This fall, it’s not unusual to see drones buzzing down the hallway of the Center for Innovation & Design or overhead on the softball field. MBS introduced a new Drone Engineering course this semester, and the science elective is literally helping Upper School students soar!
In this project-based course, which is open to juniors and seniors, students have been busy designing, building, and testing drones. Working both individually and in teams, students combine science theory with hands-on engineering practice, gaining an introduction to the engineering design process, the rudiments of programming, and operational piloting skills in the air.
The course is being taught by Dr. Dennis Evangelista, who comes to MBS from the U.S. Naval Academy and brings a wealth of knowledge and enthusiasm to the classroom.
“Engineers want to build and see their creations go, whether it’s a drone, an autonomous sailboat, a robot, or a miniature airplane,” he said. “Though I can get drones in the air, I’m not actually a very good quadrotor pilot, so when a student takes over the controls and learns how to rip through some crazy maneuvers, I’m as dazzled as everyone else. I really love to see the smiles when they get their stuff in the air.”
He added that the Drone Engineering course is a fun and engaging way to learn some advanced academic concepts.
“Students who are interested in STEM fields (especially engineering) often encounter courses that are very difficult in college. Courses like statics, dynamics, structures, fluid mechanics,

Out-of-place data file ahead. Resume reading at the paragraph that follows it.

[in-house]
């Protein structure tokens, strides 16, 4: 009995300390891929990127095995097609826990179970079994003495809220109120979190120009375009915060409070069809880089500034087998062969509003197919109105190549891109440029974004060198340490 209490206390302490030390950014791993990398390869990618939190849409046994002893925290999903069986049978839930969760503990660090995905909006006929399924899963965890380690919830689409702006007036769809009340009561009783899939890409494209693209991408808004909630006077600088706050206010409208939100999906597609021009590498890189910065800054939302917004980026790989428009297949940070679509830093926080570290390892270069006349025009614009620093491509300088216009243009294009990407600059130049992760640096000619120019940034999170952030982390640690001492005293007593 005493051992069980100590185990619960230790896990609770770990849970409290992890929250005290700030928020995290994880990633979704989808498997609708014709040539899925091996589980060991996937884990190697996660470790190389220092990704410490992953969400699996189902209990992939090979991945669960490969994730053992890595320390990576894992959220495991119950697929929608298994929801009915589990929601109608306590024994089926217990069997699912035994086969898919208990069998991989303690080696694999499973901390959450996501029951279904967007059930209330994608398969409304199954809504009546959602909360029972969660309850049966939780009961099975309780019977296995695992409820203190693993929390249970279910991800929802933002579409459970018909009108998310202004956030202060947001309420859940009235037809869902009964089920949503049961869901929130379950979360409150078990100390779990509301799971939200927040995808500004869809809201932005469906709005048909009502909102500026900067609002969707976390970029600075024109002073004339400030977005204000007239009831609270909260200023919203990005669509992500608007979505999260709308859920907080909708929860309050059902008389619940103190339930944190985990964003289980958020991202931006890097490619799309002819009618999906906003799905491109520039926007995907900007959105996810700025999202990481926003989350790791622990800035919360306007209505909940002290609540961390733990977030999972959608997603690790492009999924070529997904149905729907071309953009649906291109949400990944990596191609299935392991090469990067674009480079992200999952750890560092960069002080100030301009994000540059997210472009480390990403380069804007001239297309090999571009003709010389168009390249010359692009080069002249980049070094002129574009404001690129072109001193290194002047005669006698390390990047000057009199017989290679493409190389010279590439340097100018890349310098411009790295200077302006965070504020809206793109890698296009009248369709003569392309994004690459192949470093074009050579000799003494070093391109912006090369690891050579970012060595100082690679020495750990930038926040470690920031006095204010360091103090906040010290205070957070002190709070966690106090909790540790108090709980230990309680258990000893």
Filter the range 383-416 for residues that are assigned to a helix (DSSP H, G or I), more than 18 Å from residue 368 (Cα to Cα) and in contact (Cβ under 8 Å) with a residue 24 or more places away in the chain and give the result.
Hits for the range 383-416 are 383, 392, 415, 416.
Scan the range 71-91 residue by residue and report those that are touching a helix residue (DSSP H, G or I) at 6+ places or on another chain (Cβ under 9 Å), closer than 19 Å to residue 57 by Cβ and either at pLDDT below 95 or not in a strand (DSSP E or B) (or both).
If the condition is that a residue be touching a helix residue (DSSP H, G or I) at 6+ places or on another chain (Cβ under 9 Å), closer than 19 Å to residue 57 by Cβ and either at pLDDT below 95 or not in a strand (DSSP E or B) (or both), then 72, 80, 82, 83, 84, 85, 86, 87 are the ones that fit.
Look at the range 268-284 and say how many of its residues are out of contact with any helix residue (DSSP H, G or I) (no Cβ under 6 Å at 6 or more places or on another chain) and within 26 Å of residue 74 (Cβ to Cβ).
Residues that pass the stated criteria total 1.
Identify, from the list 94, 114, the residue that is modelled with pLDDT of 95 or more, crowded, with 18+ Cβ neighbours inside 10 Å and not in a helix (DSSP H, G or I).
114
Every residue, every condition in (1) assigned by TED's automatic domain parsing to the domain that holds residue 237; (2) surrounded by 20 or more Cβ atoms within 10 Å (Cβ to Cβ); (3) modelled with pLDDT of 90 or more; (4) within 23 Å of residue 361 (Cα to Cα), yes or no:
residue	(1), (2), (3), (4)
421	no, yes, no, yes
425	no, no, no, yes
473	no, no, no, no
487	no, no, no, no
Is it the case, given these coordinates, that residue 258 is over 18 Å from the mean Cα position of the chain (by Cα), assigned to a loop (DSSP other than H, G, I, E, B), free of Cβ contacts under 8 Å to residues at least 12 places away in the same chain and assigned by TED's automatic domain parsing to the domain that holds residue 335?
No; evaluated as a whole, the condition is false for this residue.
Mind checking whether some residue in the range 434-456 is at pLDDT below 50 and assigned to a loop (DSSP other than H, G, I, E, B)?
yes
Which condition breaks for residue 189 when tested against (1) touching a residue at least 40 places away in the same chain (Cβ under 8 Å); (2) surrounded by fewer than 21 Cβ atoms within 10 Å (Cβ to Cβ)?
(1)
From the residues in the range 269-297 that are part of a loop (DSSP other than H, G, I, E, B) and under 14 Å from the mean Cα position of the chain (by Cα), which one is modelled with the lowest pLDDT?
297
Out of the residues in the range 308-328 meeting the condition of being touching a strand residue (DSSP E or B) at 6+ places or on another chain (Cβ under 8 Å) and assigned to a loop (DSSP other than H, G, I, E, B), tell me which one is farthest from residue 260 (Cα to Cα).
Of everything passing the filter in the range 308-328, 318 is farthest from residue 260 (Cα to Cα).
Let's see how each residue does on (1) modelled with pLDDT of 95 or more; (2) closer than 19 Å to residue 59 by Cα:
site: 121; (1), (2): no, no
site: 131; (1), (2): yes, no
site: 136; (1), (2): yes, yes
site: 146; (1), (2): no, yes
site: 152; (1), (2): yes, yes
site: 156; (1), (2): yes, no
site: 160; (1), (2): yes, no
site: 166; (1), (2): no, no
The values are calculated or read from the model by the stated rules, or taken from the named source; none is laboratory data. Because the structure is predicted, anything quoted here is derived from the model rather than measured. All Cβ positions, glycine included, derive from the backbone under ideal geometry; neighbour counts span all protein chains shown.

differential equations, electronics, and programming are challenging and sometimes make people not want to be engineers. A course like Drone Engineering is a gentle introduction to these, built around shared experiences and memories that often help young engineers remember why they want to be engineers—the thrill of flying something made with their own hands; the creative excitement of the design process; the camaraderie of working with a team,” he said. “I want the experiences MBS students have in Drone Engineering to propel them to future success by giving them something to hang on to when the engineering gets tough.”
This semester, the Drone Engineering class is focusing on quadrotors (or multirotors in general) — platforms that have a number of rotors and can hover and do vertical takeoffs and landings. In the spring, Dr. Evangelista said that the course will cover fixed wing aircraft, which are generally faster and have longer endurance and payload capacity.
“The skills and engineering principles covered are similar for both semesters, the main difference is which platforms we build and fly,” he said.